Venture For America, a two-year fellowship program for recent college graduates who want to work at a startup in American cities, transitioned its programs to fully remote in March 2020. Despite the pandemic, Sarah Olivarez was hired as San Antonio’s VFA program director in July 2020.
VFA is based in 13 cities across the country so collaborating remotely is part of the organization’s nature. However, the fully virtual nature of its programming since March 2020 was a new experience since VFA programs are typically hybrid or in-person.
“Hosting virtual versions of our major programs allowed us to have a broader range of participants join us from across the country,” Olivarez said. “While we know many are anxious to return to in-person programming, this has been a perk.”
The VFA’s matching process for placing fellows in jobs with local startups was delayed from April to May 2020. Despite the delay, VFA “ended the year with 16 Fellow placements — our largest San Antonio cohort since Venture For America came here [to San Antonio] in 2014,” Olivarez said.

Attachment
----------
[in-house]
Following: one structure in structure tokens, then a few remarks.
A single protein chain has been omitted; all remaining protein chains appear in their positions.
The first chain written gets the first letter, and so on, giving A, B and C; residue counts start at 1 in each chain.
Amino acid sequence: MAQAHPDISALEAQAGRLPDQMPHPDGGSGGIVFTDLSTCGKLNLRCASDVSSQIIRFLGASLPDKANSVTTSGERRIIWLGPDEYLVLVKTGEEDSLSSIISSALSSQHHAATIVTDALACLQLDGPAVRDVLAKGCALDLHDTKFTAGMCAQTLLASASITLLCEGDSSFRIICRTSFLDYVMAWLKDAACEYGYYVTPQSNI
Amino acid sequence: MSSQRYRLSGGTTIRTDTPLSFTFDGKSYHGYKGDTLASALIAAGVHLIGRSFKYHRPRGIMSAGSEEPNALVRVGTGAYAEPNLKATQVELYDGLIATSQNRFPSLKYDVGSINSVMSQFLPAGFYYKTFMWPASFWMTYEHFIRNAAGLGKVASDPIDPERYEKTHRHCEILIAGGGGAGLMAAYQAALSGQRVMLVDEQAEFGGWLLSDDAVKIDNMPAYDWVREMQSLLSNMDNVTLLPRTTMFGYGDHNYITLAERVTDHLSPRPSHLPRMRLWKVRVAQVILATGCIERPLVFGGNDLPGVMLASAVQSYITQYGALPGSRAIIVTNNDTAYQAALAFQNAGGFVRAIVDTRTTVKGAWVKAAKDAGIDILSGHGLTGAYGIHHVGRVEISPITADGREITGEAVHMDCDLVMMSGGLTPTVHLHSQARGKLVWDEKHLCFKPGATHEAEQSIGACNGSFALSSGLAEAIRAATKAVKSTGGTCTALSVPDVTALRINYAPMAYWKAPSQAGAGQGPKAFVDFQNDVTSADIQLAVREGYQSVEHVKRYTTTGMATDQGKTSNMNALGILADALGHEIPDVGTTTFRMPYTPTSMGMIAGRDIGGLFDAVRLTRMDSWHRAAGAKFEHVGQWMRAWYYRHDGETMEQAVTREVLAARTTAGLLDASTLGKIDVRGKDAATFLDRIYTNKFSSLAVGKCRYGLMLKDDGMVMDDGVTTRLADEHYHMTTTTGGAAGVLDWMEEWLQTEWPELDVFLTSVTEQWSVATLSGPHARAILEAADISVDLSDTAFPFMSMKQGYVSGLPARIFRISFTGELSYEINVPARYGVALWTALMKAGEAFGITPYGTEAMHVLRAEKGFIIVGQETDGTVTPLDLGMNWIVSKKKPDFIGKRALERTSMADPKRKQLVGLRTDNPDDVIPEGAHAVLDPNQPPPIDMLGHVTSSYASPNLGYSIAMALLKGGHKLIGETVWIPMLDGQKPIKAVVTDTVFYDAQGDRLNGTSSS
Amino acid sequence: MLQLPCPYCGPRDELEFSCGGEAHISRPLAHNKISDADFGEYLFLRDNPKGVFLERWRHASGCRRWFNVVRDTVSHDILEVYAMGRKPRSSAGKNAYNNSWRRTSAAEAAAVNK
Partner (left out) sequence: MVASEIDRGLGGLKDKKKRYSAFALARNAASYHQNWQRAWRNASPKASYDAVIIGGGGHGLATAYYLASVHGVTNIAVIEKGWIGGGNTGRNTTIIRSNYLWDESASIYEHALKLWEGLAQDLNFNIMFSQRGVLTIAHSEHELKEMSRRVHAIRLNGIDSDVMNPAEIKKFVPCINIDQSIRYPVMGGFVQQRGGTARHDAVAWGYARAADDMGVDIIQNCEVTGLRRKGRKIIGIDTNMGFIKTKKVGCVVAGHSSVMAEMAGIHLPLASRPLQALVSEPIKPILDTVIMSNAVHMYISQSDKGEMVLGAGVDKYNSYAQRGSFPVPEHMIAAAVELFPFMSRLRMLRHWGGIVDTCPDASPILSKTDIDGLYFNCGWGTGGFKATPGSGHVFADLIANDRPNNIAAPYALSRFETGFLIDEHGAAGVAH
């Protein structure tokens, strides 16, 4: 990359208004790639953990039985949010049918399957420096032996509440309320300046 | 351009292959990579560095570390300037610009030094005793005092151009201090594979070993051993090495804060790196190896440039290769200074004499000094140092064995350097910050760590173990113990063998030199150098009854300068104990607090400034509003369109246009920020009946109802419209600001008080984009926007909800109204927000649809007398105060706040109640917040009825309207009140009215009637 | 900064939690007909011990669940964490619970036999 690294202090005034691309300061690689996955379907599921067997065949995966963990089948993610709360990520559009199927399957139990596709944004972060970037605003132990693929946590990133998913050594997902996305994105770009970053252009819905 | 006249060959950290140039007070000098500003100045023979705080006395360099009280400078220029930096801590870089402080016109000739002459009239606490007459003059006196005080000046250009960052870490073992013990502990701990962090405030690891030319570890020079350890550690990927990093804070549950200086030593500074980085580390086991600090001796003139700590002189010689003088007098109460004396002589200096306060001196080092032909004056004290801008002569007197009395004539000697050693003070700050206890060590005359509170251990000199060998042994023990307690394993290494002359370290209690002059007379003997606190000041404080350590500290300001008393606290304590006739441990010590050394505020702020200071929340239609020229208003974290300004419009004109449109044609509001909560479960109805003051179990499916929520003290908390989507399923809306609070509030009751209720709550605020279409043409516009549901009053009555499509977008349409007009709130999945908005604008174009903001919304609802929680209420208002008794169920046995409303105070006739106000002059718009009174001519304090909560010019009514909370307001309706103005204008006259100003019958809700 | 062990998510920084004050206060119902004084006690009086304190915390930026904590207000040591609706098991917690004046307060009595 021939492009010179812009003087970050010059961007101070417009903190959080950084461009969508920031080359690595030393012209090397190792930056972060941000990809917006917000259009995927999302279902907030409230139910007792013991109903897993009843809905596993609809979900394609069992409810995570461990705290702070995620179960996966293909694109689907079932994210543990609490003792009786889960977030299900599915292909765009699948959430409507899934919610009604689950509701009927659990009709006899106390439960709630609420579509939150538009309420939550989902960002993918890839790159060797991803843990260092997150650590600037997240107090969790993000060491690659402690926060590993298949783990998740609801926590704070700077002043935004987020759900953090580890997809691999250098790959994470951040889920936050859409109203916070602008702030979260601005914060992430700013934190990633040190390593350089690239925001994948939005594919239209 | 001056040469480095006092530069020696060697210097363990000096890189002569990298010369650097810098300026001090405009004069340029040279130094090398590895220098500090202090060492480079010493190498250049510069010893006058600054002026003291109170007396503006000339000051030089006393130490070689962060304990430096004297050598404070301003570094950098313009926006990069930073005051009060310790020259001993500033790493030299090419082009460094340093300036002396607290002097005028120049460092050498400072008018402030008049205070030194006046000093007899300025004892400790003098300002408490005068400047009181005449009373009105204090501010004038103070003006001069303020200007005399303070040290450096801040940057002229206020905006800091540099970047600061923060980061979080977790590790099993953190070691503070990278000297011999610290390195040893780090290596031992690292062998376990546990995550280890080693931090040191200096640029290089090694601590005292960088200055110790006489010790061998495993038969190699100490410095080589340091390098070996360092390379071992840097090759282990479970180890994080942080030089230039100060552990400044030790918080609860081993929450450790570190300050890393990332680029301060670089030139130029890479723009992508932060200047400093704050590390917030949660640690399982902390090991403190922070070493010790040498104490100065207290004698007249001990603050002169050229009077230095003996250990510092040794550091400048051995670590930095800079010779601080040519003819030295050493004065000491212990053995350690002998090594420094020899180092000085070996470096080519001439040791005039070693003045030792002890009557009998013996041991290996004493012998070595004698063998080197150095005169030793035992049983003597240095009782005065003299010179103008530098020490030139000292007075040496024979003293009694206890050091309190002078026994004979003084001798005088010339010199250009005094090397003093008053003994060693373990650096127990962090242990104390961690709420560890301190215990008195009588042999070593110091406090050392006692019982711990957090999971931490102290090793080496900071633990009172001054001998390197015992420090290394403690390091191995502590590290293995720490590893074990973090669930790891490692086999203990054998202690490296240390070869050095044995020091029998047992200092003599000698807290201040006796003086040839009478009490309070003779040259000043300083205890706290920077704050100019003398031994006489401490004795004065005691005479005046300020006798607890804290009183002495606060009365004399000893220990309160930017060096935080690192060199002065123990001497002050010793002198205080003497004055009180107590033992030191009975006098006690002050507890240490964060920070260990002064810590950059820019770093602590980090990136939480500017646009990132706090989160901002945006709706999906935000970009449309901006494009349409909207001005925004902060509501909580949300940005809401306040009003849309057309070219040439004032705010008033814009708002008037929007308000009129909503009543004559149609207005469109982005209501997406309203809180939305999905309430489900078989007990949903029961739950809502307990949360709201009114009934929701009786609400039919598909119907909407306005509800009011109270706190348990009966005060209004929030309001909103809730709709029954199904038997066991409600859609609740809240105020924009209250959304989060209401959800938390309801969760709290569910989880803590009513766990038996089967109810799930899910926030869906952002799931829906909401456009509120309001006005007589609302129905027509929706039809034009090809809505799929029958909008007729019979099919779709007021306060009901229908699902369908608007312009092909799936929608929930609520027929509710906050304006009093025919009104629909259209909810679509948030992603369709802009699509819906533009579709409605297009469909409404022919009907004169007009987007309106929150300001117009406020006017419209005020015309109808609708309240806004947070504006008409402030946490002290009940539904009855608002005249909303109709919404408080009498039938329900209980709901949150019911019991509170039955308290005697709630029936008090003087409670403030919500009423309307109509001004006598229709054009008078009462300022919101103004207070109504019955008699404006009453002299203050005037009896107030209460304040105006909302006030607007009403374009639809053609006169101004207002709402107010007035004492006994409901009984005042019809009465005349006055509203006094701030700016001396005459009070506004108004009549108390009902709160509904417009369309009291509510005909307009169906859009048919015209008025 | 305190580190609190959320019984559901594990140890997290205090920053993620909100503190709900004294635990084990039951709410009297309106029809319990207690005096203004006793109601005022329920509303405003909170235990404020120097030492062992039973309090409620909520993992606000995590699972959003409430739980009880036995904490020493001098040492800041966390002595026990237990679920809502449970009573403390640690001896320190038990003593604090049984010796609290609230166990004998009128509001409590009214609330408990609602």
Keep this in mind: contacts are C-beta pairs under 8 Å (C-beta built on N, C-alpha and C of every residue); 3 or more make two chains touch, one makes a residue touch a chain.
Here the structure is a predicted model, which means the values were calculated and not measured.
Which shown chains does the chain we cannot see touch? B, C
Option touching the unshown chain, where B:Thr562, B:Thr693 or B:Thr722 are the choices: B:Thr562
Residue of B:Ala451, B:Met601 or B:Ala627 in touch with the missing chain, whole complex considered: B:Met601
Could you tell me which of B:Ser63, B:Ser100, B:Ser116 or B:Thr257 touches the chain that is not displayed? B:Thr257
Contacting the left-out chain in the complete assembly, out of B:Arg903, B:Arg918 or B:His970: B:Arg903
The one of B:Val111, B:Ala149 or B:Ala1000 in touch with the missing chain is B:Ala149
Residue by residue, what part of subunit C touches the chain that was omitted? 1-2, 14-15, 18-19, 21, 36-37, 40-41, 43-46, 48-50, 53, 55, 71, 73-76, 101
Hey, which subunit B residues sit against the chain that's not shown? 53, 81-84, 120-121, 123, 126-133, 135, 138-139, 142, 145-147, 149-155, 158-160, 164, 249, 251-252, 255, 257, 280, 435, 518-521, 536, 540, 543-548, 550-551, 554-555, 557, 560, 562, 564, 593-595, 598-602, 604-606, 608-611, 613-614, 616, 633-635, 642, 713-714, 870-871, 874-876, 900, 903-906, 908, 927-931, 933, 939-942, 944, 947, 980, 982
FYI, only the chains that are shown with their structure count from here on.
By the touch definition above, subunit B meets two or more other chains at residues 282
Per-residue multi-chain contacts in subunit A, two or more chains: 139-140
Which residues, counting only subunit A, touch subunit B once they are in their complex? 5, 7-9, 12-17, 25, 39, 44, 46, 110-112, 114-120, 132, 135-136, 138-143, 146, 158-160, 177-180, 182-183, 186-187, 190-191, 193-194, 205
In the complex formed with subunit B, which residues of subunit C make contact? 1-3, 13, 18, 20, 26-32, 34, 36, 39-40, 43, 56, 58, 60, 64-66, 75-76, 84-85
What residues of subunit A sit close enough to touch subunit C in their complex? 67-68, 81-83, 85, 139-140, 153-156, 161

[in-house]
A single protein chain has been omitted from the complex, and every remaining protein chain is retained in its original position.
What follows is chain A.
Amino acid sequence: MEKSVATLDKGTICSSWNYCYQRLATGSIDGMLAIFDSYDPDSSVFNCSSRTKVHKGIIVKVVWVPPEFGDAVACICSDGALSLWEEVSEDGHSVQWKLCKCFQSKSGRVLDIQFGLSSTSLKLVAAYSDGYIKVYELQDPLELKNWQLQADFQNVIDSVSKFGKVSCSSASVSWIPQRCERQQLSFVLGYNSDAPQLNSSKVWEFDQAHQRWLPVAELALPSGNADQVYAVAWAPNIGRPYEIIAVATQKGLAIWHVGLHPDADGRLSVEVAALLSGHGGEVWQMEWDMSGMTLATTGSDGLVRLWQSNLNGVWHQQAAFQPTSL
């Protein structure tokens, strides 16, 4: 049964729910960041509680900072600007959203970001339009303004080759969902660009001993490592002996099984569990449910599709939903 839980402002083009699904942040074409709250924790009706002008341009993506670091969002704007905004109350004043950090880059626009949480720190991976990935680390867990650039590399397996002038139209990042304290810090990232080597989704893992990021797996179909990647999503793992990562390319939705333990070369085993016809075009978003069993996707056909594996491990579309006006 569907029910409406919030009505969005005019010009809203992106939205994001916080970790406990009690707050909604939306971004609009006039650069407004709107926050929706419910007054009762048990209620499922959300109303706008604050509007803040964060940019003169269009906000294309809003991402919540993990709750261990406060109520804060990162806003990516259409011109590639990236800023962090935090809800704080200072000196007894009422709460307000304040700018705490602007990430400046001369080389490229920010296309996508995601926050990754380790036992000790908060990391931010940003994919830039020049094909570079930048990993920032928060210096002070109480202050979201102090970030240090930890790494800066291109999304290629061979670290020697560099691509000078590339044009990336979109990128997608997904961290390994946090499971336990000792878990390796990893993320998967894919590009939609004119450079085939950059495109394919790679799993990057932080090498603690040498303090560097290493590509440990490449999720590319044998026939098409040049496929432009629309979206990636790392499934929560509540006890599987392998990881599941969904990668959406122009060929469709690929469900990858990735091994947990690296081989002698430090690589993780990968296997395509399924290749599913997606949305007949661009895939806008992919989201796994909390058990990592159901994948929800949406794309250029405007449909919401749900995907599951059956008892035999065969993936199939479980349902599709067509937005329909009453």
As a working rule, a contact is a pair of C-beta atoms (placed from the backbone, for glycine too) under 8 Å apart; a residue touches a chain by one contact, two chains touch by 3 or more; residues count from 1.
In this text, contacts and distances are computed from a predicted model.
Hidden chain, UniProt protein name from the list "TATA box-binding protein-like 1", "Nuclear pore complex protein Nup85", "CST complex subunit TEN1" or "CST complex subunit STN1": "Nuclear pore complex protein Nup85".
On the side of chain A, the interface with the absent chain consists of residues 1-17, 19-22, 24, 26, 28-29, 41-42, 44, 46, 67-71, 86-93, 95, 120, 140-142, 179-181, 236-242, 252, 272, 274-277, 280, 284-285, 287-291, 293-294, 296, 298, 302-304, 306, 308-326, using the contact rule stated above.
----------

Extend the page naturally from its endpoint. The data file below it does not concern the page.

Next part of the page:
Some San Antonio VFA fellows did move away during the pandemic, but Olivarez expects the community to rebound as economies continue to reopen fully. Olivarez also noted how some VFA programs worked well in a virtual format to connect its fellows and alumni across cities and even outside the U.S.
“We’ll continue to offer virtual programming, in some capacity, to the entire community,” she said.
As for changes in VFA applications since the pandemic started, the incoming 2021 VFA fellow class is one of its smaller classes in recent years, despite receiving 3,100 applications and selecting 8% of candidates. The majority of VFA participants stated how they are eager to return to in-person programming after getting vaccinated. VFA has approved in-person programs for its fellows for the rest of this year.
Fellows also shared that the pandemic opened their eyes to the importance of a stable financial future. “We’re partnering with two local banks to host personal and small business seminars for them,” Olivarez said.